North Korea claimed that a missile test in late September involved a new hypersonic missile. That weapon appears to have been on display at a big event this week.
KCNA via REUTERS
North Korea showed off what appears to be a hypersonic missile at a defense exhibition in Pyongyang.
The weapon looks like it could be the purported hypersonic missile tested late last month, experts said.
At Monday’s event, Kim Jong Un vowed to build an “invincible military” to fend off US hostility.
North Korea gave observers a good look at what appears to be a new hypersonic missile at an event Monday celebrating the country’s defense capabilities, an event where North Korean leader Kim Jong Un said he would build an “invincible military” defend itself against US hostility.
Surrounded by various weaponry, Kim said at the Self-Defense 2021 exhibition in Pyongyang that North Korea is “not discussing war with anyone” but aims to “prevent war itself and to literally increase war deterrence for the protection of national sovereignty.”
During the big defense event, the North Korean leader reviewed various missile systems, including intercontinental ballistic missiles theoretically able to reach the continental US. Some systems have been tested, while others have only been displayed at military events.
Among the North Korean weapon systems presented at the exhibition and displayed in state-run media reporting on the event is what experts said appears to be the hypersonic missile that North Korea claims to have tested last month – the Hwasong-8.
-Dr. Jeffrey Lewis (@ArmsControlWonk) October 12, 2021
North Korea announced in late September that it had test-fired a new hypersonic missile. At the time, state media reported on the test, noting evaluations of the “detached hypersonic gliding warhead.” There was only one photo from the test, and it was simply a silhouette of the missile.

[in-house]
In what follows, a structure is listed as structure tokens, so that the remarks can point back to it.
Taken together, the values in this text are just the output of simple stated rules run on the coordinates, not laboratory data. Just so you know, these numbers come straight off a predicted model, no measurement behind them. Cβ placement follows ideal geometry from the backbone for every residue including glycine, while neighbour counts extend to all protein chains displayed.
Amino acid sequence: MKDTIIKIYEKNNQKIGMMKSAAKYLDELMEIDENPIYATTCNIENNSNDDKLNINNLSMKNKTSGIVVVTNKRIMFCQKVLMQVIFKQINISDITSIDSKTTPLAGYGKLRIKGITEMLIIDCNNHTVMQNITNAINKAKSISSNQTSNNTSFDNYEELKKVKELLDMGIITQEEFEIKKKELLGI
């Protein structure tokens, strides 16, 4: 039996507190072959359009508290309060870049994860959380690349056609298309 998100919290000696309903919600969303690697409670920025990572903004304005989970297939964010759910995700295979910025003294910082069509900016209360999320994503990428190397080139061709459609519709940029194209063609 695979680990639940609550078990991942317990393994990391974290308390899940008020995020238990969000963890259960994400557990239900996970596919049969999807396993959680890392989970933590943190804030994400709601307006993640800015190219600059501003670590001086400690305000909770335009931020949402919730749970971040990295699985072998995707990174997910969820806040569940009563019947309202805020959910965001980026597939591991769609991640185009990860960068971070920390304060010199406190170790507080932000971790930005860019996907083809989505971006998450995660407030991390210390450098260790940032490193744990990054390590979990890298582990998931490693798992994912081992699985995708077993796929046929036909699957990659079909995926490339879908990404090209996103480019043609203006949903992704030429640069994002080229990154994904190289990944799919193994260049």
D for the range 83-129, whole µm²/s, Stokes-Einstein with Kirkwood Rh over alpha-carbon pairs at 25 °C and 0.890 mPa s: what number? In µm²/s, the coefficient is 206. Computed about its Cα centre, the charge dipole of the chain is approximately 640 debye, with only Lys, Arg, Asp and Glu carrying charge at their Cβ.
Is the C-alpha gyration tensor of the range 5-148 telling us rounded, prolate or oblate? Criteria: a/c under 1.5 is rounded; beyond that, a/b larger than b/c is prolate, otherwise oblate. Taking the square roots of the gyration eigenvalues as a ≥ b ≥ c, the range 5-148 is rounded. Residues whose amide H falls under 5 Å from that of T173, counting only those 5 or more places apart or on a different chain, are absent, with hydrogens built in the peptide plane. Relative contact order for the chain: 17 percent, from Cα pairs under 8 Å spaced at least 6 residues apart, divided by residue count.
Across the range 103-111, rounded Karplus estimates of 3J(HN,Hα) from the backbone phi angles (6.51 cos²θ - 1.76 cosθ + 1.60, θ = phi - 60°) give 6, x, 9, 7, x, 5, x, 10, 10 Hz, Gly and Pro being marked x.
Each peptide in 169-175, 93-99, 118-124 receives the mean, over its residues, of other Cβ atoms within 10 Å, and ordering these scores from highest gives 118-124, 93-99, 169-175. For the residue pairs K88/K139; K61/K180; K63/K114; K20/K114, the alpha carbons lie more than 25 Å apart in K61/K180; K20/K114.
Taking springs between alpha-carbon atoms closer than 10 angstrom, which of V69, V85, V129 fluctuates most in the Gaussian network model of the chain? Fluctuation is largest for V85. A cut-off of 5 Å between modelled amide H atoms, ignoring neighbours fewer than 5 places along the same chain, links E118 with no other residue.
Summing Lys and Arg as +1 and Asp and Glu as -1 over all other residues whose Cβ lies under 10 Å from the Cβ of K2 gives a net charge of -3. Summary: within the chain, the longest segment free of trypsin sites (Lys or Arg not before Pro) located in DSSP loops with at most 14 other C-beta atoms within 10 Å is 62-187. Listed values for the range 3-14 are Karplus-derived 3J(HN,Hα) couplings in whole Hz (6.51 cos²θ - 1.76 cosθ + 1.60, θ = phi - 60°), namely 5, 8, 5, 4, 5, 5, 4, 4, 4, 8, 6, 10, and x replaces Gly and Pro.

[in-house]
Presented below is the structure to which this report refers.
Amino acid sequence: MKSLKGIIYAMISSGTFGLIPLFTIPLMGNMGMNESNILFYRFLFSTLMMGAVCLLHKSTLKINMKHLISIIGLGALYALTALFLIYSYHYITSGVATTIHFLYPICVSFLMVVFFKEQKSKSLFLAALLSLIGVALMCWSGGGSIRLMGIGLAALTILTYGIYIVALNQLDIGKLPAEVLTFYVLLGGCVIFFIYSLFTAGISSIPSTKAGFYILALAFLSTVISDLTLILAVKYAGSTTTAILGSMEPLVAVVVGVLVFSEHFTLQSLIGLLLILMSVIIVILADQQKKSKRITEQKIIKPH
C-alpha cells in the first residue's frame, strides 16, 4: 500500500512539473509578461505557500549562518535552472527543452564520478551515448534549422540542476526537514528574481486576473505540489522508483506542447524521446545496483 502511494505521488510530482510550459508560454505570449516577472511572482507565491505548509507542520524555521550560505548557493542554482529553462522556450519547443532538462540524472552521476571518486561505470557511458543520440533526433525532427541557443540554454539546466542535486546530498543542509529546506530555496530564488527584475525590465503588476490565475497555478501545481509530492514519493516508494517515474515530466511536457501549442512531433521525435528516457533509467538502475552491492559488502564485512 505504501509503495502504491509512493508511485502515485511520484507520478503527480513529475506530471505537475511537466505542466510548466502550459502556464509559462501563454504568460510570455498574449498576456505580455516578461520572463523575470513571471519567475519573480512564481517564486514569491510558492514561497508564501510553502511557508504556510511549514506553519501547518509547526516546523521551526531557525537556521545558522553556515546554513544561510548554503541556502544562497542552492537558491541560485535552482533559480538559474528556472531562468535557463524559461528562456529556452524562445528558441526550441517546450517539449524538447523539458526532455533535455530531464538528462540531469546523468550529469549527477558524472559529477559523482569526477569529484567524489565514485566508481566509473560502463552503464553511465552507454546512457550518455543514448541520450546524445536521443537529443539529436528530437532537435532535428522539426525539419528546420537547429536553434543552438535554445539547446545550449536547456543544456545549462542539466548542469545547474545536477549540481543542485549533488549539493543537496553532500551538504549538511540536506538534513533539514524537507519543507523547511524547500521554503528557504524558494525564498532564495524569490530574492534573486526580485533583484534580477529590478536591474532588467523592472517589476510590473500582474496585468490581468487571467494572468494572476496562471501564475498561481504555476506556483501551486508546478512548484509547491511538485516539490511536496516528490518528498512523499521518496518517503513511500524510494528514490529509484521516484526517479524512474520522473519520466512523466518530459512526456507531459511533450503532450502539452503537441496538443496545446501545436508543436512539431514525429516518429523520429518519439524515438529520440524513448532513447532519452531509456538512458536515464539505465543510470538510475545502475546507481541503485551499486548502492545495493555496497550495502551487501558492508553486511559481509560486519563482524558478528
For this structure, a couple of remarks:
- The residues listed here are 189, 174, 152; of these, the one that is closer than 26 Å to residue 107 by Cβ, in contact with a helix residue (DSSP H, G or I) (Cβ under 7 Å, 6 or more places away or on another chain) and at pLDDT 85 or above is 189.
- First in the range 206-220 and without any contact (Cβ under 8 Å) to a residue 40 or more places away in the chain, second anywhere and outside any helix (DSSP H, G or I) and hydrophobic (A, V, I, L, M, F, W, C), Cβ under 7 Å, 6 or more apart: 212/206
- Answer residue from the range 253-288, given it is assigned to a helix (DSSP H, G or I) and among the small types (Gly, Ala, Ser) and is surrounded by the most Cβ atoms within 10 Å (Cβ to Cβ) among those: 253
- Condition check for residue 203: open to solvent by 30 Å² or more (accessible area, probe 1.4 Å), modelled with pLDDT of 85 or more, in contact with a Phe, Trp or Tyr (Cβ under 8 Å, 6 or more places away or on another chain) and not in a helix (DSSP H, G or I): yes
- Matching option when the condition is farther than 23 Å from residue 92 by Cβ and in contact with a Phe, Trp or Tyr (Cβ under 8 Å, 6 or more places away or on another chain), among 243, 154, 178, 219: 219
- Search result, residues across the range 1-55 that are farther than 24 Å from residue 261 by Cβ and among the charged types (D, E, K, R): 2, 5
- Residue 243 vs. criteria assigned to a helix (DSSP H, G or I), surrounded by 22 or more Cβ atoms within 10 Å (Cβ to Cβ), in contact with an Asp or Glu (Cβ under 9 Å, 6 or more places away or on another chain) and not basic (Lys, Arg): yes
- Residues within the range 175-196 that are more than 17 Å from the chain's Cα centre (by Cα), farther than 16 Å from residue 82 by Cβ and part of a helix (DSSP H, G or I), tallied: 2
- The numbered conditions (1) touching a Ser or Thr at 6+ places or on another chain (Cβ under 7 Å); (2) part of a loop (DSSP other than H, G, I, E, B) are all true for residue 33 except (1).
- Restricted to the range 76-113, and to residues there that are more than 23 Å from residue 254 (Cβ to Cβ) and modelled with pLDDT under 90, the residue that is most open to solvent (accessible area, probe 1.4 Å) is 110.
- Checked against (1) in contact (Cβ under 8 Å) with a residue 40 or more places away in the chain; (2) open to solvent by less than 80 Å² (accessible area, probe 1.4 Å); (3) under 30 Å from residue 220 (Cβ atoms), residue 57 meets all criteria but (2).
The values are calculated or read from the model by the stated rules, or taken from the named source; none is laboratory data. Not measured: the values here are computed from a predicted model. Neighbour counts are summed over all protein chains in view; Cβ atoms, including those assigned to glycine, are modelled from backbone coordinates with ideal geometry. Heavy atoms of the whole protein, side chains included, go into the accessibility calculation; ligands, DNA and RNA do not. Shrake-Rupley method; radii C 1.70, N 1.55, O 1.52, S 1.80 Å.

-William Gallo (@GalloVOA) September 28, 2021
Footage from Monday’s exhibition offered multiple views of the new weapon.
“That looks like the same glider they tested last month,” Jeffrey Lewis, the director of the East Asia Nonproliferation Program at the Middlebury Institute of International Studies at Monterey, told Insider, pointing out that “we can now see its shape more clearly. It’s not a cone but rather a winged body with a flat bottom.”
He added that the concept seems similar to the DF-17 that China unveiled in 2019 at a military parade marking the country’s National Day.
Military vehicles carrying DF-17 hypersonic missiles travel past Tiananmen Square during the military parade marking the 70th founding anniversary of People’s Republic of China.
In both cases, the weapon design features a ballistic missile carrying a boost-glide vehicle on a transporter-erector launcher.
The rocket gets the hypersonic glide vehicle up to speed (at least Mach 5) before it detaches, moving along an unpredictable flight path that makes it harder to intercept as it rushes toward its final destination.
For North Korea, while it is clear that it is now in the competition to develop new hypersonic missiles, a competition that involves powerful countries like China, Russia, and the US, it is difficult to know where they are in the development process or how the system performs.
Ankit Panda, a North Korea expert and a Stanton Senior Fellow at the Carnegie Endowment for International Peace, explained to Insider that “it certainly looks like what we’d expect a notional hypersonic glider to look like.” But, he said, “that tells us little about the materials it’s made from or its real-world aerodynamic performance.”
South Korean military leaders said after last month’s missile test that “it appears to be at an early stage of development that would require considerable time for actual deployment.”
Panda said that while the weapons technology on display is noteworthy, “the bigger picture here is that this event was a full-scale celebration of North Korea’s defense scientists and technicians right as the new military modernization campaign spins up.”
“Kim’s trying to ensure that this community is full-on morale, especially while the broader economic picture in the country looks quite dire.”